Louie Bellson & Clark Terry – Louie & Clark Expedition 2 – Percussion Power

by | Apr 14, 2008 | Jazz CD Reviews | 0 comments

Louie Bellson & Clark Terry – Louie & Clark Expedition 2 – Percussion Power PERC2, 63:05 ***** [Avail. CD Baby]:

(Louie Bellson, composer & drums; Clark Terry, trumpet & Flugelhorn; 17-piece big band; two guest drummers: Kenny Washington & Sylvia Cuenca)

Recorded just last year, this is a big band collaboration extraordinaire between two American jazz masters, both now in their 80s. Louie composed and Louie & Clark together perform, improvise, mentor and lead a 17-piece big band in a musical adventure akin to the historic 1803 journey by Lewis & Clark. Two hundred years ago they started from St. Louis and mapped out the Western territories.  Clark Terry was born in St. Louis and he and Bellson explore the frontiers of big band jazz in this delightful CD. Bellson’s lengthy career has included stints with the bands of Benny Goodman, Duke Ellington, Harry James and Count Basie, as well as the Jazz at the Philharmonic tours.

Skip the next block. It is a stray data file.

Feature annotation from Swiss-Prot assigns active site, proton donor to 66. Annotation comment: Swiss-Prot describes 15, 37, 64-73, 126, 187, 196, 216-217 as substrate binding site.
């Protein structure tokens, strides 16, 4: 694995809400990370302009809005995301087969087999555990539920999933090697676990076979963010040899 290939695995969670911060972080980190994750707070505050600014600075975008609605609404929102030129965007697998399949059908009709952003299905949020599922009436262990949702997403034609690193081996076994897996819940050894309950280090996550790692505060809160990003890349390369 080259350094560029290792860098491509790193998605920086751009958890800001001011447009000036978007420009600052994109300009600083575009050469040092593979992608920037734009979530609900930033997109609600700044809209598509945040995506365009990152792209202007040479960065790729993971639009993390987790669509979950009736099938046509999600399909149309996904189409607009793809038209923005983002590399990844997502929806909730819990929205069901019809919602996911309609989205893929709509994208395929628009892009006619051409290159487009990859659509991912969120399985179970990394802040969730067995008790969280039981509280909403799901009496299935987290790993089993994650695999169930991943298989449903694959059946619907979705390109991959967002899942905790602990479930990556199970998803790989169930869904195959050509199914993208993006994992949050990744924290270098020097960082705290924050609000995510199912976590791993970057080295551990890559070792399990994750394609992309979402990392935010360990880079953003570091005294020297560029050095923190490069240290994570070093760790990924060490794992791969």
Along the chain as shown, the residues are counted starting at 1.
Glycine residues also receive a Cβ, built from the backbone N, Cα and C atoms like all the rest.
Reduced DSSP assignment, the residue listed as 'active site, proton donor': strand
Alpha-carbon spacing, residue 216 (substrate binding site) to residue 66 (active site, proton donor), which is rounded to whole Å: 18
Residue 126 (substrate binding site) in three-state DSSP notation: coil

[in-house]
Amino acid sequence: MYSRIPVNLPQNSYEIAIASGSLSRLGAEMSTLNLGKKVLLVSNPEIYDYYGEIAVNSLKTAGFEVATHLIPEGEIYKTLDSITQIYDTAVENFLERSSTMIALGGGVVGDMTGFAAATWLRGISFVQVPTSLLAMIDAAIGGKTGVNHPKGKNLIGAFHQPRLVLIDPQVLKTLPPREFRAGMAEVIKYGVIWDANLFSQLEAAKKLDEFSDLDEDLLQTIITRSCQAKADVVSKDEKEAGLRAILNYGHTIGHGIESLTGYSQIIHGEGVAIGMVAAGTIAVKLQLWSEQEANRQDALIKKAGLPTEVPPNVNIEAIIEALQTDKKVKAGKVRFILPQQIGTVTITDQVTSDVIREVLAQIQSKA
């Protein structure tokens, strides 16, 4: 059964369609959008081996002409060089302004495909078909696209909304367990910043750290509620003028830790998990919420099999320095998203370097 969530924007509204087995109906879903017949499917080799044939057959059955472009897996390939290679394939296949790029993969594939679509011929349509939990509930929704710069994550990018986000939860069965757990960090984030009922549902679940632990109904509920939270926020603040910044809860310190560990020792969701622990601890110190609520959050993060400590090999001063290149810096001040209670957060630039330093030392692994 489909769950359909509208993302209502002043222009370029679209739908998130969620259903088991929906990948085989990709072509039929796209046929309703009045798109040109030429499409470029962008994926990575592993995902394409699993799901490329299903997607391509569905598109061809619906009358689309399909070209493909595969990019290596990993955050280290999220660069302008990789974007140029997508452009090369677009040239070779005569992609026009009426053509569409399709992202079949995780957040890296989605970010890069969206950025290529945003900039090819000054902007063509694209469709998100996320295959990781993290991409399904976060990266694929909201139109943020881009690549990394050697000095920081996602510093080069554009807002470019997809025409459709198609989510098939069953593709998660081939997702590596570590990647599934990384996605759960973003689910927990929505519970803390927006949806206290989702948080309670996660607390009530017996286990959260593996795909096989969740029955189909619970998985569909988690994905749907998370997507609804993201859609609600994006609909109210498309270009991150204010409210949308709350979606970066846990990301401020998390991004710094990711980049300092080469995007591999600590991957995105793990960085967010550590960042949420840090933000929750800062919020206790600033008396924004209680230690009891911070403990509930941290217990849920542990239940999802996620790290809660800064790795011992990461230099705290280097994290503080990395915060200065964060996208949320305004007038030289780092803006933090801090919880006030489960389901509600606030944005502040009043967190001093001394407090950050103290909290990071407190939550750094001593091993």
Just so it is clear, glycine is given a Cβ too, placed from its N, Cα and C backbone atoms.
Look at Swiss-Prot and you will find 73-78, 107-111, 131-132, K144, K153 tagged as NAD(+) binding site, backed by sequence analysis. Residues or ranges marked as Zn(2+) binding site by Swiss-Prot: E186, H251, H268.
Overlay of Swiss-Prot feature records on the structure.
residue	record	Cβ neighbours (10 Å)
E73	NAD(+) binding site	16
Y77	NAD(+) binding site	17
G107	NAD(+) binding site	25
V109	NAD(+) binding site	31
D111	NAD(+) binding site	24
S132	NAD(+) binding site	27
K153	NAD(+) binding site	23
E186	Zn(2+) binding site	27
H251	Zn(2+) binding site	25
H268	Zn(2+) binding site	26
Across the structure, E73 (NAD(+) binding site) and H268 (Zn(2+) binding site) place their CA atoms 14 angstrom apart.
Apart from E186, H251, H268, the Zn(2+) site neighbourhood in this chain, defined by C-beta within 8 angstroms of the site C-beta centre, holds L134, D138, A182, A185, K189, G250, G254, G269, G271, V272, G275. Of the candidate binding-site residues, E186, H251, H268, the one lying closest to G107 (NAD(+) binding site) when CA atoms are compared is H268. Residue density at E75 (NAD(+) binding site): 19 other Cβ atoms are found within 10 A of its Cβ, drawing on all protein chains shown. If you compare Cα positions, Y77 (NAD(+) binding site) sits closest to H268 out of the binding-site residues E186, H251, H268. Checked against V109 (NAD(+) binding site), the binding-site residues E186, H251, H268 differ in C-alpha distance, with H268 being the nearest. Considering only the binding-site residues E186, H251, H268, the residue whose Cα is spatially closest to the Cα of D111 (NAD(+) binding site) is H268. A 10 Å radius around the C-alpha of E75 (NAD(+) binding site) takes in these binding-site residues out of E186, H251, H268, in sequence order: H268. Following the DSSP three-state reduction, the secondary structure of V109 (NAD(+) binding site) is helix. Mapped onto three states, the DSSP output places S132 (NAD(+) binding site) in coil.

Bellson had the assistance of four top arrangers, include Tommy Newsom and Nat Pierce. The CD opens with one of his salutes to American cities – the four-movement Chicago Suite. There is also a showoff number with the two guest drummers joining Bellson at the three sets of traps – Two Guys and a Gal. Terry isn’t heard on the Chicago Suite, but comes in swinging on Bix’s Davenport Blues, joined by tenor man Steve Guerra, who later has a lyrical solo on Bellson’s Ballade.  The excellent trumpet soloist on the Chicago Suite is Stjepko Gut. The booklet notes are by Nat Hentoff, and he speaks of how the album gave him “a sense of celebration of the human spirit that keeps regenerating itself, even when the world is in one of its fiercely turbulent stages.”  This is the best recent big band album that has crossed my desk.

State Street Swing, City of Seasons, The Blues Singer, Lake Shore Drive, Davenport Blues, Two Guys and a Gal, Piacere, Give Me the Good Time, Ballade, Terry’s Mood, Back to the Basics (Old), Now (The Young), Well Alright Then.

– John Henry


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